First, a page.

In truth, the intensive language study of the early 1990s was followed by years in which I used neither French nor German; ironically, it was the extreme Francophobia of the administration of George W. Bush and Republican members of Congress that prompted me — ‘provoked’ me, I’m tempted to say — in the lead-up to the Iraq War in 2003 to revive my French. The revival of my German would come much later, when I took four courses at NYU’s Deutsches Haus in Manhattan in 2018, 2019 and 2020. Reviving my German over the course of those four semesters brought me full circle in many ways: not only did it remind me of my six weeks in Regensburg in 1991 and my two months in Berlin in 1990, the fourth of those four courses was taught by a Bavarian — who actually did not grow up speaking Bairisch because her father was a Polish immigrant and so he spoke standard Hochdeutsch (High German) with his Bavarian wife.
By the end of my six weeks in Regensburg, my Hochdeutsch had become quite good and I spoke it with everyone — neither understanding nor speaking the Bavarian dialect — which is so different from standard High German. Der Goldener Turm is in the heart of Regensburg — which has the best preserved medieval old town of any city in Bavaria and possibly in all of Germany; the university had very cleverly converted the two floors of the ‘annex’ (built in 1527) to dormitory space for students and I had a small but exceptionally clean room in the annex — whose date of construction I knew because it was painted on the wall of the common room. The showers and kitchen were also thankfully modern and extremely efficient, but the narrow lane that separated the Golden Tower from the building across the way was so narrow that when I opened my window, I could look directly into the dance studio across the way; at one point, one of the instructors became so perturbed that she closed the windows to the dance studio as she was conducting a class in what appeared to be jazz dance; I wanted to tell her that it was hardly my fault that the medieval lane separating the two buildings was so narrow as to make real privacy impossible when my windows were open at the same time as the dance studios~!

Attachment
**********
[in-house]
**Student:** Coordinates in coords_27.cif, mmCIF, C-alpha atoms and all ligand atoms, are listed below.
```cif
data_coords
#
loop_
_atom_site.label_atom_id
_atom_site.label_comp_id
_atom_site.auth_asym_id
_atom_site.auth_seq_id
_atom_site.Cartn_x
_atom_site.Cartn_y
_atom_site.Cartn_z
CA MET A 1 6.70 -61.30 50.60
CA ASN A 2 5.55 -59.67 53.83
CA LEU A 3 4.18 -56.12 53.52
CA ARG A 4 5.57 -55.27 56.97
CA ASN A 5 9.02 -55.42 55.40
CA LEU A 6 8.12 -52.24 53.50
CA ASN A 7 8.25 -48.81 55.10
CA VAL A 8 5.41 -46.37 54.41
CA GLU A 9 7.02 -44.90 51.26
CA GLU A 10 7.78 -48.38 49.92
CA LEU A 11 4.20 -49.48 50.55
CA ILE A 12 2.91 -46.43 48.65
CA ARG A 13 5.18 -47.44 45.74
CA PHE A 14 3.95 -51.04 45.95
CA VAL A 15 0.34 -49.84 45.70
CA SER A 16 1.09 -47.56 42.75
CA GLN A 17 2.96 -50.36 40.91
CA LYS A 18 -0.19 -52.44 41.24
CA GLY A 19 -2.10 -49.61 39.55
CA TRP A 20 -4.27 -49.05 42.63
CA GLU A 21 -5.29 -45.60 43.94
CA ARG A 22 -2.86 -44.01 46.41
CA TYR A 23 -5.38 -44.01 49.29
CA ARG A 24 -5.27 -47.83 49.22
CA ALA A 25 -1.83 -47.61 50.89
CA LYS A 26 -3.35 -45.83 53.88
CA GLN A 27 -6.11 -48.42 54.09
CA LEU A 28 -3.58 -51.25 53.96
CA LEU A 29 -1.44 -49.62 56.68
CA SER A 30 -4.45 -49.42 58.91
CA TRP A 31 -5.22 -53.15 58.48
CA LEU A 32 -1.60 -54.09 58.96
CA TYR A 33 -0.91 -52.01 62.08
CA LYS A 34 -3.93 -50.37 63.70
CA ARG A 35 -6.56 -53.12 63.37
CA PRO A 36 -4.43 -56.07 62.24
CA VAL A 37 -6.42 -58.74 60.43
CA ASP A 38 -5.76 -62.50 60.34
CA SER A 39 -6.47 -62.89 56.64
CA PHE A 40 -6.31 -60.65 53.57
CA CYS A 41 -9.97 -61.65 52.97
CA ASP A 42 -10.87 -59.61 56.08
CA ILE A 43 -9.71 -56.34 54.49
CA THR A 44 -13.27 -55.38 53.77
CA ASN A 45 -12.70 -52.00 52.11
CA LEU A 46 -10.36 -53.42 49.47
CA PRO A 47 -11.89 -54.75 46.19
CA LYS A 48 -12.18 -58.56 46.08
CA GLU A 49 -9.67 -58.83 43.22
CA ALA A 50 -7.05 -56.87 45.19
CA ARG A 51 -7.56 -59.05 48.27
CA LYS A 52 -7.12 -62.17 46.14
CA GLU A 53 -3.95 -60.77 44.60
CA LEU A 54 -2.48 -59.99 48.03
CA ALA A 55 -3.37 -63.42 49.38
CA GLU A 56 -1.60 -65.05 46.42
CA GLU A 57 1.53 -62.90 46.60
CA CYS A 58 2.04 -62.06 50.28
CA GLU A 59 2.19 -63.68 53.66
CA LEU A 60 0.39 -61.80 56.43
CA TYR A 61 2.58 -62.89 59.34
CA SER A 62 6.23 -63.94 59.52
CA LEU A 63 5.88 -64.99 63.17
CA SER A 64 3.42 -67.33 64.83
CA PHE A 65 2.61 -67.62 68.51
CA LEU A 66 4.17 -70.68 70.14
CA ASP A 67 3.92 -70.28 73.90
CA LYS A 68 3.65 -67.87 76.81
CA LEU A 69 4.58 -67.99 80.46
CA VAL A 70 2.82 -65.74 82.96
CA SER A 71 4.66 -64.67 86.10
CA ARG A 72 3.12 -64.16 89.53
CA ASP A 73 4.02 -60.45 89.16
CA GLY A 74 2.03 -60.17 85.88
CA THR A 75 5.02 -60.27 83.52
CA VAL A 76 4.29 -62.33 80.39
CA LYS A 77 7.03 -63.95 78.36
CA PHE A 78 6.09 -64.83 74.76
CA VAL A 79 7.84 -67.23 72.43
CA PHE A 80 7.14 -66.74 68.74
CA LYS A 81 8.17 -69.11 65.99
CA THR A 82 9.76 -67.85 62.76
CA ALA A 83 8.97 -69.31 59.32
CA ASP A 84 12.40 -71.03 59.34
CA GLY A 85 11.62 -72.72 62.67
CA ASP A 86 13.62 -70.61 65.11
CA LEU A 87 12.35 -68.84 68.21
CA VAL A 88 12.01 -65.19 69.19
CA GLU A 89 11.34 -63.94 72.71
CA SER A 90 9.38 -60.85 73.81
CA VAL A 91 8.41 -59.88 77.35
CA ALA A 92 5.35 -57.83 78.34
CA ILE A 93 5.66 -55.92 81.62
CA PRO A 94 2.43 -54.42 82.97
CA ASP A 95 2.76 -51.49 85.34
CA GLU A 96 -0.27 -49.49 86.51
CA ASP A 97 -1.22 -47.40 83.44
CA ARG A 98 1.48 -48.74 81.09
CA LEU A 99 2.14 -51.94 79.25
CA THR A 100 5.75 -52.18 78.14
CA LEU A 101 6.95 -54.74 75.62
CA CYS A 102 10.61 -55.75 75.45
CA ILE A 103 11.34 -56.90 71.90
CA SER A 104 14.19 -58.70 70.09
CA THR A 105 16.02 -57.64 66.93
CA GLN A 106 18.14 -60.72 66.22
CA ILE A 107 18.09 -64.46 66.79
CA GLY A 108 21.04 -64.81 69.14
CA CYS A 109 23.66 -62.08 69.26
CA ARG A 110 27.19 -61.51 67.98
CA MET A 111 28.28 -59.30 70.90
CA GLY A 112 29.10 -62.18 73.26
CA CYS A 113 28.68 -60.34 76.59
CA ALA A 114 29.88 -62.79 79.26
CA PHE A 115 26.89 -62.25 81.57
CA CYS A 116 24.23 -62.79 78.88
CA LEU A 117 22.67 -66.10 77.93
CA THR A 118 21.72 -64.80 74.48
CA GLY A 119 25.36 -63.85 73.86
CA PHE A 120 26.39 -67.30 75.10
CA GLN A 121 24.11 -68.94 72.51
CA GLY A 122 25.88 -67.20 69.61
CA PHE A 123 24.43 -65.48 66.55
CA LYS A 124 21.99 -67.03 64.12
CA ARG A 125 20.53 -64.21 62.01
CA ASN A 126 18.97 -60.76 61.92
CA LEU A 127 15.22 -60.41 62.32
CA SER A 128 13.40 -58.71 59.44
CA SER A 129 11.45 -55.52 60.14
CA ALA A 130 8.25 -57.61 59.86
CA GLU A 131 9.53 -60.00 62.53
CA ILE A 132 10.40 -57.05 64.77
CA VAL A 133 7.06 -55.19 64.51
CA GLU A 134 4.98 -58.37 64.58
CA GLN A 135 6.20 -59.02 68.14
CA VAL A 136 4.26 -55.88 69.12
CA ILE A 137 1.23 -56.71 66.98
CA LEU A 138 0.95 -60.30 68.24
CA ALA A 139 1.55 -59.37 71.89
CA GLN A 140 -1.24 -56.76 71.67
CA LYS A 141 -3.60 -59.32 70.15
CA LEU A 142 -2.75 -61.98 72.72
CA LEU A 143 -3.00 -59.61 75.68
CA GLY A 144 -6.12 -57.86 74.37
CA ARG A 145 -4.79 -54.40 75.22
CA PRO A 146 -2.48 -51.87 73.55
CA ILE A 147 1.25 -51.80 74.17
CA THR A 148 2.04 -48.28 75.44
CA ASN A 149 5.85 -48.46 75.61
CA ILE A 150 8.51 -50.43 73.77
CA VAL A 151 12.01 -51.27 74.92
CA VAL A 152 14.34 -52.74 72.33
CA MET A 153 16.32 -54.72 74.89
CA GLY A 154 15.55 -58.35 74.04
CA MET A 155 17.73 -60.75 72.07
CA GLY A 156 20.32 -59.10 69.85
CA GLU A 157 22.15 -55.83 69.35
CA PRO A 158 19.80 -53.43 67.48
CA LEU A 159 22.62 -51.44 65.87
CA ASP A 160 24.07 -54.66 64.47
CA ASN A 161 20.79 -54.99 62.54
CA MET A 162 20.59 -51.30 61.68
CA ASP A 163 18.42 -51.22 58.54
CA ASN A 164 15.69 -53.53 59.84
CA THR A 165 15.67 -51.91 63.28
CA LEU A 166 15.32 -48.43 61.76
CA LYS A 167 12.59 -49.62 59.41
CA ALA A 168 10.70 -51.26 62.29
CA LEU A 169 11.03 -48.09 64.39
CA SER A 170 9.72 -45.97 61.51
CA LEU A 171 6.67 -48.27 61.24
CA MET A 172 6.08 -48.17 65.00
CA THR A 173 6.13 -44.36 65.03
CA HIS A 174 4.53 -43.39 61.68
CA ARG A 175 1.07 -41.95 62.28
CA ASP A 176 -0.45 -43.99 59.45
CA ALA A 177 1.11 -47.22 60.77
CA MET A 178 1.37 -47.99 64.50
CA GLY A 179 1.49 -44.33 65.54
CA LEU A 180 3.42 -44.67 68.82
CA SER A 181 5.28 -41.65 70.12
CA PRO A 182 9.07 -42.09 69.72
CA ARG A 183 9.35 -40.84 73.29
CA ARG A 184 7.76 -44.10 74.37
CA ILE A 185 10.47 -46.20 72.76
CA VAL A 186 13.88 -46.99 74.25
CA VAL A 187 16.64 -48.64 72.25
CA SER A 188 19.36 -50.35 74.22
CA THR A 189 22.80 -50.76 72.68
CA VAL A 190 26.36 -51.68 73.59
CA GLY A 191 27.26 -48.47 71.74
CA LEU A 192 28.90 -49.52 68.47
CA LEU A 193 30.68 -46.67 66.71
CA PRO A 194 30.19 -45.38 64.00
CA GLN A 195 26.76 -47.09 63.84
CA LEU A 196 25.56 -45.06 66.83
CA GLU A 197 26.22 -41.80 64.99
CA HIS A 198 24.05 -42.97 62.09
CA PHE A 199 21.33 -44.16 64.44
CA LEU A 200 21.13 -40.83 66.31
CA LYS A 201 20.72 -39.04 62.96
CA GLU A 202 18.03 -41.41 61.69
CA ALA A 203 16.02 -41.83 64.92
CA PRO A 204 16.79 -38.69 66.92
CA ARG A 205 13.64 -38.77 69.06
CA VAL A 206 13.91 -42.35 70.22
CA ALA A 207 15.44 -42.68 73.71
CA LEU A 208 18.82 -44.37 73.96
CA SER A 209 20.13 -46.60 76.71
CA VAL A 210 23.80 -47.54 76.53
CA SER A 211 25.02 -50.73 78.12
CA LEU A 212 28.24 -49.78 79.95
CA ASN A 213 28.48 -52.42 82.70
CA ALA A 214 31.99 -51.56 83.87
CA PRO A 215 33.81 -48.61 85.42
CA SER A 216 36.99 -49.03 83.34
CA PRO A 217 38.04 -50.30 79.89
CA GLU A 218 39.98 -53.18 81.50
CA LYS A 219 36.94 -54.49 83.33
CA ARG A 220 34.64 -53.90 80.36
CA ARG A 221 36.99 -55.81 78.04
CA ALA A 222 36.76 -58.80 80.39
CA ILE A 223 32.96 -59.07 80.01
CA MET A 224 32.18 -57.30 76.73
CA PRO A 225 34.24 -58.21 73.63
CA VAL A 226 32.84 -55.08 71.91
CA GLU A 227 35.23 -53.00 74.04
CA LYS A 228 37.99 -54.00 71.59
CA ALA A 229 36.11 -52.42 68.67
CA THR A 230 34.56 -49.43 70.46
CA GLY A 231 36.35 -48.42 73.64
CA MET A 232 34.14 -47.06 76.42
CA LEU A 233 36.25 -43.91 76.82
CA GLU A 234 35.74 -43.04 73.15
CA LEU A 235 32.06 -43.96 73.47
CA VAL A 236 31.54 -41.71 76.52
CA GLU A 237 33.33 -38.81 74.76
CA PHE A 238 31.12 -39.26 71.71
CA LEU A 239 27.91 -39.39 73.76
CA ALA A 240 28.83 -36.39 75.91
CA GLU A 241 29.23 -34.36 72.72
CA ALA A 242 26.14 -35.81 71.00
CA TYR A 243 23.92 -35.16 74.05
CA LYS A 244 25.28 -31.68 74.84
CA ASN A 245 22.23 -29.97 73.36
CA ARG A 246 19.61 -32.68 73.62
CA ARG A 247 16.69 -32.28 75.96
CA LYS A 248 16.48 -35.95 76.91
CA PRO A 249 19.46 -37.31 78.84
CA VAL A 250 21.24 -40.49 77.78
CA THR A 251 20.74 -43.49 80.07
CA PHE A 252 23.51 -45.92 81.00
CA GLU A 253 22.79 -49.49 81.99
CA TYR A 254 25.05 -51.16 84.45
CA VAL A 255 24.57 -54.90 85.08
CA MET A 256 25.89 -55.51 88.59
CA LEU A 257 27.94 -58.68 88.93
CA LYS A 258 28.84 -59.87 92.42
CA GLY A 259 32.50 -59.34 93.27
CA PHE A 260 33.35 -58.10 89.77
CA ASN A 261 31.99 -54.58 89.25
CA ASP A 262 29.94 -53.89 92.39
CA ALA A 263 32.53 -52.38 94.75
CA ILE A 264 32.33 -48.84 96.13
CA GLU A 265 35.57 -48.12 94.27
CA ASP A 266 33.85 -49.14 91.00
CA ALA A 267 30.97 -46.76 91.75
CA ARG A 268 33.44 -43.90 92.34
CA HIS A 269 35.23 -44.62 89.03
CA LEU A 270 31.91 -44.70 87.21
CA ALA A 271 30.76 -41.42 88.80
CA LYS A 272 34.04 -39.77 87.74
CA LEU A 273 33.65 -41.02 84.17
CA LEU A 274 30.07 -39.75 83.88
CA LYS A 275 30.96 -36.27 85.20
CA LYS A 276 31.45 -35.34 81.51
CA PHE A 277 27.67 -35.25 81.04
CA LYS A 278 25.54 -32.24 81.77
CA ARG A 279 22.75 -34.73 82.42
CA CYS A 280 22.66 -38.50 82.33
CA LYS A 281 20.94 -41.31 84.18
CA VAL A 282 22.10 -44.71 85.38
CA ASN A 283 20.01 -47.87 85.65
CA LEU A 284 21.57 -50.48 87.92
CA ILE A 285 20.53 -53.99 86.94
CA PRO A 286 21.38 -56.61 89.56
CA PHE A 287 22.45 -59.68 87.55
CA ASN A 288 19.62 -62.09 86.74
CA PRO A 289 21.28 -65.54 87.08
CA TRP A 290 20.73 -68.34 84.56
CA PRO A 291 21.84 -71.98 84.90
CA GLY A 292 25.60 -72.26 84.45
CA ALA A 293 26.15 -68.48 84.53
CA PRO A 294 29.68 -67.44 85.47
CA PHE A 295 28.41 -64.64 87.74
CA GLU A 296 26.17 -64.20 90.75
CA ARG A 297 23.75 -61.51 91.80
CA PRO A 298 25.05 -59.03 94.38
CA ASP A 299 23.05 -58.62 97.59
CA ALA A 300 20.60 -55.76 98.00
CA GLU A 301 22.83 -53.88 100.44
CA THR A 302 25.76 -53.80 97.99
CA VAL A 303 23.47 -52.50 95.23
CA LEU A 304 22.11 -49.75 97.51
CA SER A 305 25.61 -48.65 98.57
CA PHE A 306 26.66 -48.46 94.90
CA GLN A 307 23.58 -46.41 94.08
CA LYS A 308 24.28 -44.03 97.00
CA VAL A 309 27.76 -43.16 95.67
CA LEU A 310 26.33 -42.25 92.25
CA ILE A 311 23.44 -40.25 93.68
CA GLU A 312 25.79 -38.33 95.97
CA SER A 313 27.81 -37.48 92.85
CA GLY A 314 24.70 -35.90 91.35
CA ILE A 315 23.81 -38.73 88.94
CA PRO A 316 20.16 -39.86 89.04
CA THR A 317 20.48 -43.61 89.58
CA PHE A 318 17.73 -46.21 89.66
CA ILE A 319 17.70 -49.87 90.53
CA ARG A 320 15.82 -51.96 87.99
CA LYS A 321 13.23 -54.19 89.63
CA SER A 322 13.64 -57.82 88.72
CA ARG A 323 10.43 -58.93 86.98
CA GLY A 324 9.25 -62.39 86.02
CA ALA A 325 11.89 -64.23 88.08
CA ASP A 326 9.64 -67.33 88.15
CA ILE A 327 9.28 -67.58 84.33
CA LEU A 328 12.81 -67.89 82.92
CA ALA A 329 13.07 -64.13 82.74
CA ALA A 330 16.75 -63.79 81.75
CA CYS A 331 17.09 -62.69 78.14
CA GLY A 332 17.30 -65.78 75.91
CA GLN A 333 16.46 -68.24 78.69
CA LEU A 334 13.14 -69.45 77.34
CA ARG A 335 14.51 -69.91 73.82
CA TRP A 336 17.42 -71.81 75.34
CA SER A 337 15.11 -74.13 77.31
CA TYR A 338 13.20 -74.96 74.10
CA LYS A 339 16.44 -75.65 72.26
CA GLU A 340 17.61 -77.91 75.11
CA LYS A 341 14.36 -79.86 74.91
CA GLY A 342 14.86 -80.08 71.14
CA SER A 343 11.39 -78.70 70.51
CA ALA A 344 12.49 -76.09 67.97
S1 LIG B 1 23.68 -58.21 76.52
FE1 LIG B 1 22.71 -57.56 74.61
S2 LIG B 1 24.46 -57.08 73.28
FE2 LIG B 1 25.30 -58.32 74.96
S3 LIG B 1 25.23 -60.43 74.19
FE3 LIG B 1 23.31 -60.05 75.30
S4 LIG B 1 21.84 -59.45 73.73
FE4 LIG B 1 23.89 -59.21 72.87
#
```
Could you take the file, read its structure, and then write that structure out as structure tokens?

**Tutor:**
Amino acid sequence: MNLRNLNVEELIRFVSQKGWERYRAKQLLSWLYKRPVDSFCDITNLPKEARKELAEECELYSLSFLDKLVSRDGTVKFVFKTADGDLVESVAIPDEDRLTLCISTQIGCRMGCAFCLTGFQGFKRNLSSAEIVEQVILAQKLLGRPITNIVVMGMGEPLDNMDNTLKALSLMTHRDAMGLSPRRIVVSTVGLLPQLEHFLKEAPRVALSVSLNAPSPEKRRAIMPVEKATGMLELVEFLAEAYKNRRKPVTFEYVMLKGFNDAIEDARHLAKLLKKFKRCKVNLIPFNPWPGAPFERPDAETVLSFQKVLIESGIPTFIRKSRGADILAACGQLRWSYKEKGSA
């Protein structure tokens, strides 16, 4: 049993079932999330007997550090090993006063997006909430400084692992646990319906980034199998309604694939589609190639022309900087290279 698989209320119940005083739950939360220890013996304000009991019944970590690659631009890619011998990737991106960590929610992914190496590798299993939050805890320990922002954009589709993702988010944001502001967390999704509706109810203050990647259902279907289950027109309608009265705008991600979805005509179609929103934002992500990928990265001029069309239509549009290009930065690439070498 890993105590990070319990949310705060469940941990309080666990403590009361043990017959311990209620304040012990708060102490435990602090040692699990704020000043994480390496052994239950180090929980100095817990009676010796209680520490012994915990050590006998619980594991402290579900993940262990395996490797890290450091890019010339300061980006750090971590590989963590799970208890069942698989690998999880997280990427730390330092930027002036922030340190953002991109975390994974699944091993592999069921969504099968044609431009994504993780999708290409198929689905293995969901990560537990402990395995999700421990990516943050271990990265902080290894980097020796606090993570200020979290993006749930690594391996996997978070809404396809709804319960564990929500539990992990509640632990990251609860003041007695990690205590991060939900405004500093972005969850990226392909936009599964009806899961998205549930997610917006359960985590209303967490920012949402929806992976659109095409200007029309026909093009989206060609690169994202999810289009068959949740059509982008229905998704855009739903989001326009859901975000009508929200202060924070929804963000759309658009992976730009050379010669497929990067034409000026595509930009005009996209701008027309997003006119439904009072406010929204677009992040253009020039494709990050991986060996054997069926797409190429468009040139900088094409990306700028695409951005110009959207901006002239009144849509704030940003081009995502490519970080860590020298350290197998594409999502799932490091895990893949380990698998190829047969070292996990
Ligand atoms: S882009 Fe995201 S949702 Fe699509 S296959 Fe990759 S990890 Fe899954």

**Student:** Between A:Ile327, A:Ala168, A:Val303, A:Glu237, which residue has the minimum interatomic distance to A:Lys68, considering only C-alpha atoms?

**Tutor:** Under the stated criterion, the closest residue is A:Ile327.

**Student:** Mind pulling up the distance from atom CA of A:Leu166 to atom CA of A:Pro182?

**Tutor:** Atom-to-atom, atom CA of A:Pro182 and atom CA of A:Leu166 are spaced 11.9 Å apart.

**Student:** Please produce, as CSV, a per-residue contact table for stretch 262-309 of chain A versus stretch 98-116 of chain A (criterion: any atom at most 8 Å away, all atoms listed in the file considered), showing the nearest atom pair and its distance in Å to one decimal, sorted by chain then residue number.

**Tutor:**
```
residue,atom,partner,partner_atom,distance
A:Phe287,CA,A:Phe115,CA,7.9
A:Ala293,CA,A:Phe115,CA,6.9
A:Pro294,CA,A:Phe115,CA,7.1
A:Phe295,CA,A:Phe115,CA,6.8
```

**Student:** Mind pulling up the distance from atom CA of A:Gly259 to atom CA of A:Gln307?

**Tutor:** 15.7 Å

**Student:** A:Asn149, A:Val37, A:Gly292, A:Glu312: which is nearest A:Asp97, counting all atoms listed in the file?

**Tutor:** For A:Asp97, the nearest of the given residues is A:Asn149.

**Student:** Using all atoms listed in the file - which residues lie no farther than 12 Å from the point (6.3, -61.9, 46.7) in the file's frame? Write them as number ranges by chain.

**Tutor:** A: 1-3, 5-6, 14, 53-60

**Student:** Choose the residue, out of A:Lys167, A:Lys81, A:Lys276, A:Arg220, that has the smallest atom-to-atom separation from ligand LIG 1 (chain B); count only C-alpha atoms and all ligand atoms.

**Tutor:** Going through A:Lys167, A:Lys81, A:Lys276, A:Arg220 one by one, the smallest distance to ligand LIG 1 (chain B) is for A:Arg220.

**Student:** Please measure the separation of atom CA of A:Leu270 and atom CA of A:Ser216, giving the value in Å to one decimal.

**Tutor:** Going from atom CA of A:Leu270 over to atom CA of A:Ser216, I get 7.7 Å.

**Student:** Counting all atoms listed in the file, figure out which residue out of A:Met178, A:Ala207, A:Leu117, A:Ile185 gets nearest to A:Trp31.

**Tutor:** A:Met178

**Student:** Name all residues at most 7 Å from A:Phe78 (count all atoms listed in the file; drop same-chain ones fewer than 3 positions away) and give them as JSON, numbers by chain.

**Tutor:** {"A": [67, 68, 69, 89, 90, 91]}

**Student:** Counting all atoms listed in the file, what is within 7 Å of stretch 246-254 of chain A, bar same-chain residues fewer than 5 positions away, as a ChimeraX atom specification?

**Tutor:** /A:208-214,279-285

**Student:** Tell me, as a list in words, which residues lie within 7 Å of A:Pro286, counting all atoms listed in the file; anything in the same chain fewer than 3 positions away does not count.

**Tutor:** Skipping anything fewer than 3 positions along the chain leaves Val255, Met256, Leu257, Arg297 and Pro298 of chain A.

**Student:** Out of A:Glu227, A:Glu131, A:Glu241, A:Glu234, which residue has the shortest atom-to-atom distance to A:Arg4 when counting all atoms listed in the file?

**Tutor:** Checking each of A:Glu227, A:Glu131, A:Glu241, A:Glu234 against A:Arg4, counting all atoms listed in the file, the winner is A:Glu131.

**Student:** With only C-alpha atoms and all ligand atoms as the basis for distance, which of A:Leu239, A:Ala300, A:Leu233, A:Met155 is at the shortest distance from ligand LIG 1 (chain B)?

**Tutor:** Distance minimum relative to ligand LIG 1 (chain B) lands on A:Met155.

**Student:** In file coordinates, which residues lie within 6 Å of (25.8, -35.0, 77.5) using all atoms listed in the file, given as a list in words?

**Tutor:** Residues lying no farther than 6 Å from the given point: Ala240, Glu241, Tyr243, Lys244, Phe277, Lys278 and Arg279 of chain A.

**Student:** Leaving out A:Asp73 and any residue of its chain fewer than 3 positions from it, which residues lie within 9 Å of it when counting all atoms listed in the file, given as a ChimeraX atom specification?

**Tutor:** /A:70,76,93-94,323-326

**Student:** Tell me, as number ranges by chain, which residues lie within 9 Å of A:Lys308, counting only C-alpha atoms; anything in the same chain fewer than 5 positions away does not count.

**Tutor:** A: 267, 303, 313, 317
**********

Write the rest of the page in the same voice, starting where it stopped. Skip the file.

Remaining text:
But unlike Rapunzel in the Grimmsmärchen of the Gebrüder Grimm, I did not have to let down my golden hair to exit the Golden Tower: my room was on the second floor, and in any case, my hair was never blond and never that long. Living in Regensburg’s medieval Altstadt was an extraordinary experience nonetheless and sometimes felt a bit as if I were living in a Grimmsmärchen; perhaps the strongest such feeling I had was the day I arrived in Regensburg, having taken a train from Frankfurt; Germans often call Germany’s financial capital ‘Bankfurt’ and the cathedral and the medieval city hall are almost all that is left of the old city that otherwise was completely destroyed by Allied bombing during World War II. Entering Regensburg’s medieval Standzentrum for the first time felt almost like entering a dream world and wandering its narrow lanes at night, I felt an air of mystery that is difficult to describe. While I was happy to move onto Brussels in August to begin my dissertation research in earnest, I will always treasure the memories of my six weeks living in the Goldener Turm in the midst of the medieval splendor of Regensburg’s mittelalterliche Altstadt.